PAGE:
As I write this, I am aware of an article, in the local paper, that is lying by my side: “Killing of women, child ‘witches’ on rise, U.N. told”. Women and children, in many countries, are being killed and maimed because of poverty and lack of education. And the numbers are staggering.
In the Yukon, we continue to see a great need for protection of women and children.
I am going to quote some numbers but, unfortunately, they are a few years old.
The statistics I will be using are from the Canadian Centre for Justice Statistics Profile, from 2005. I have found it difficult to get more-current numbers, which may indicate a lack of monitoring on a regular basis.
However, these figures are probably reflective of today’s situation. Also, it should be noted that what is actually reported is only a small percentage of what is happening in our society (estimated at only 25 per cent).
1. Violent Crime
Namely, homicide, attempted murder, assault, sexual assault, other assaults, other sexual offences, abduction and robbery.
The violent crime rate in the territories was seven times higher than in the provinces.
Among the three territories, Nunavut was highest and was followed by the NWT and the Yukon.
In almost all cases, the Yukon was lowest in comparison to the other territories.
However, the Yukon was one and a half times higher than the highest rate among the provinces.
2. Spousal Abuse
Female victims of spousal violence in the North were twice as likely as males to suffer the most-severe forms of spousal violence, such as being beaten, choked and threatened with or having had a knife used against them or having been sexually assaulted.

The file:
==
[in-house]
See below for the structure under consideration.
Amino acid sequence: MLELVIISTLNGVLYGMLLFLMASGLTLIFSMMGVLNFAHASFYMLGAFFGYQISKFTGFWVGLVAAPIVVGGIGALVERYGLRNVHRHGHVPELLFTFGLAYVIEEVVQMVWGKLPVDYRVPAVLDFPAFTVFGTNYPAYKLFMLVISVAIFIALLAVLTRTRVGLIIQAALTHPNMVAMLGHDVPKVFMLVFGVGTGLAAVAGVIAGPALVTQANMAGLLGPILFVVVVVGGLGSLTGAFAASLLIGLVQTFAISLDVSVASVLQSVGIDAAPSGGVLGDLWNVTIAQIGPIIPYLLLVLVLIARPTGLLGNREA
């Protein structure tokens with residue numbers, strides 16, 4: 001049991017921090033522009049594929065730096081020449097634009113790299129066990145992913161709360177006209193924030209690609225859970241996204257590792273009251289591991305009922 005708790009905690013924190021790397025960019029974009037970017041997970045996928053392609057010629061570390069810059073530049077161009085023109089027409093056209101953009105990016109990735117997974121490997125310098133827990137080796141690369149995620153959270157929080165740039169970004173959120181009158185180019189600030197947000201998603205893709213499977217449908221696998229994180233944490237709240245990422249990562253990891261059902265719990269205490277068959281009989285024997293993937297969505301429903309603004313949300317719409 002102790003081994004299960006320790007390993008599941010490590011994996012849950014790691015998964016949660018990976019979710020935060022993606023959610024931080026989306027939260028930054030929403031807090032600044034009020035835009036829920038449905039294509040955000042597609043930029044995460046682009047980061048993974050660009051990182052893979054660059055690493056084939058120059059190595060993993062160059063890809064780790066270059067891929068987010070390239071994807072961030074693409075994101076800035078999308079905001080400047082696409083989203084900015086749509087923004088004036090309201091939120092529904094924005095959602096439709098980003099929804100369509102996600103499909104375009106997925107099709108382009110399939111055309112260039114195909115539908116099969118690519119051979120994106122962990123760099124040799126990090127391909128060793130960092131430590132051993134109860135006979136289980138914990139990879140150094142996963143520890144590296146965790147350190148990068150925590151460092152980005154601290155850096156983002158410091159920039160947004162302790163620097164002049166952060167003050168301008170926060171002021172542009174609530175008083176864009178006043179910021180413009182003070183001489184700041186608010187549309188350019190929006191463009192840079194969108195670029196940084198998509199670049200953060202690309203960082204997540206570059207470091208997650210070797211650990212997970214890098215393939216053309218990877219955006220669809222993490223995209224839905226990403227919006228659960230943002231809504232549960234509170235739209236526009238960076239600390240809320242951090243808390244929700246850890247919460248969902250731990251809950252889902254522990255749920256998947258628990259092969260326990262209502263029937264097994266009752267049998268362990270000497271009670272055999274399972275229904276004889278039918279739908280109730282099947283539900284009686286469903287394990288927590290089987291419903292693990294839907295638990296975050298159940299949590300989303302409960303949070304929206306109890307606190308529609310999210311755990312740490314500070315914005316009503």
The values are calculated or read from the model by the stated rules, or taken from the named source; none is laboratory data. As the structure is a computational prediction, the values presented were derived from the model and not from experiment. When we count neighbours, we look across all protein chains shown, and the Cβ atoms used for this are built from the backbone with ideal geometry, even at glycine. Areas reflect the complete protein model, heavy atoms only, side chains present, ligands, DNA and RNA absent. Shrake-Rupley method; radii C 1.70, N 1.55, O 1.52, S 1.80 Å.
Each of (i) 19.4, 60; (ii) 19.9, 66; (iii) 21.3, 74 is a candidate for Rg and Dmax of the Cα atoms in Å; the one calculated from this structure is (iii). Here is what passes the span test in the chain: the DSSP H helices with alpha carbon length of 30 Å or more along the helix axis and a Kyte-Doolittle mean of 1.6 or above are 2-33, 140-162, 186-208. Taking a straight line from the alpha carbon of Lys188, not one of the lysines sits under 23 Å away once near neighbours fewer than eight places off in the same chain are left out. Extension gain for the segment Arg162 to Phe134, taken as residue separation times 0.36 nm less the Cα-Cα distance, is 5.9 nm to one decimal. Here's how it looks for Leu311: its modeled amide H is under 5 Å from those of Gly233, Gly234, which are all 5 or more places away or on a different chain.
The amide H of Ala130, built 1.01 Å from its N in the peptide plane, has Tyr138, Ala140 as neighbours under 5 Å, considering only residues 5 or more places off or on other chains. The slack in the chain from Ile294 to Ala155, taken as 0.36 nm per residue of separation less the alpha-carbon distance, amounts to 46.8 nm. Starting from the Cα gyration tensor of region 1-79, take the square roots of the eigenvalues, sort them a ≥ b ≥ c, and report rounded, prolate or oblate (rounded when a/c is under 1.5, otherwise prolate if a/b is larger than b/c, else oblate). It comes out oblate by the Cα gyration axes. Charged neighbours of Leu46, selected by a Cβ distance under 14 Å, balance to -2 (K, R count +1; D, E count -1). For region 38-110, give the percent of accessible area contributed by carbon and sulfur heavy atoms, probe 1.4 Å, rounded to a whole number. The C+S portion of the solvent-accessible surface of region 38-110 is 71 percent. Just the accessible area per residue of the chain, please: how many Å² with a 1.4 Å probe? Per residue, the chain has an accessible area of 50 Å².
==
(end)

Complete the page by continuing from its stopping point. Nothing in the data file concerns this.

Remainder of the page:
Approximately 12 per cent of Northern residents in a current or previous relationship reported being victims of some form of spousal violence in the last five years preceding this survey.
3. Other Forms of Abuse
These can be verbal and/or bullying, which manifests at very young ages.
So, what can be done about this? as a society? as a parent? as an individual?
There are many programs and resources people can access, and in later articles I will list them. However, since these articles are about martial arts, I am going to focus most of my attention in the area of individuals and what we can do to lessen the possibility of assault, as well as what we need to know in order to protect others.
Many of the traditional martial arts are built on the philosophy of defence. One of the basic premises of karate is that there are no first attacks. Judo and aikido are built around not attacking, but upon receiving and neutralizing force.
Tai Chi, Kung fu and other traditional arts also emphasize the concept of defence, over attacking.
Over the next few months, I will write about self-defence and what a person can do to lessen the chance of becoming a victim of abuse. Of course, I welcome feedback from those who want to contribute to this very real problem in our society.
Also, if any group wishes to demonstrate their particular training in self-defence, I am open to come out and see it. Maybe, together, we can assist people in real-life situations.
Todd Hardy has studied and taught a variety of martial arts for over 38 years and has trained with many people from around the world. Would you like to comment on what you read here? Contact him at firstname.lastname@example.org.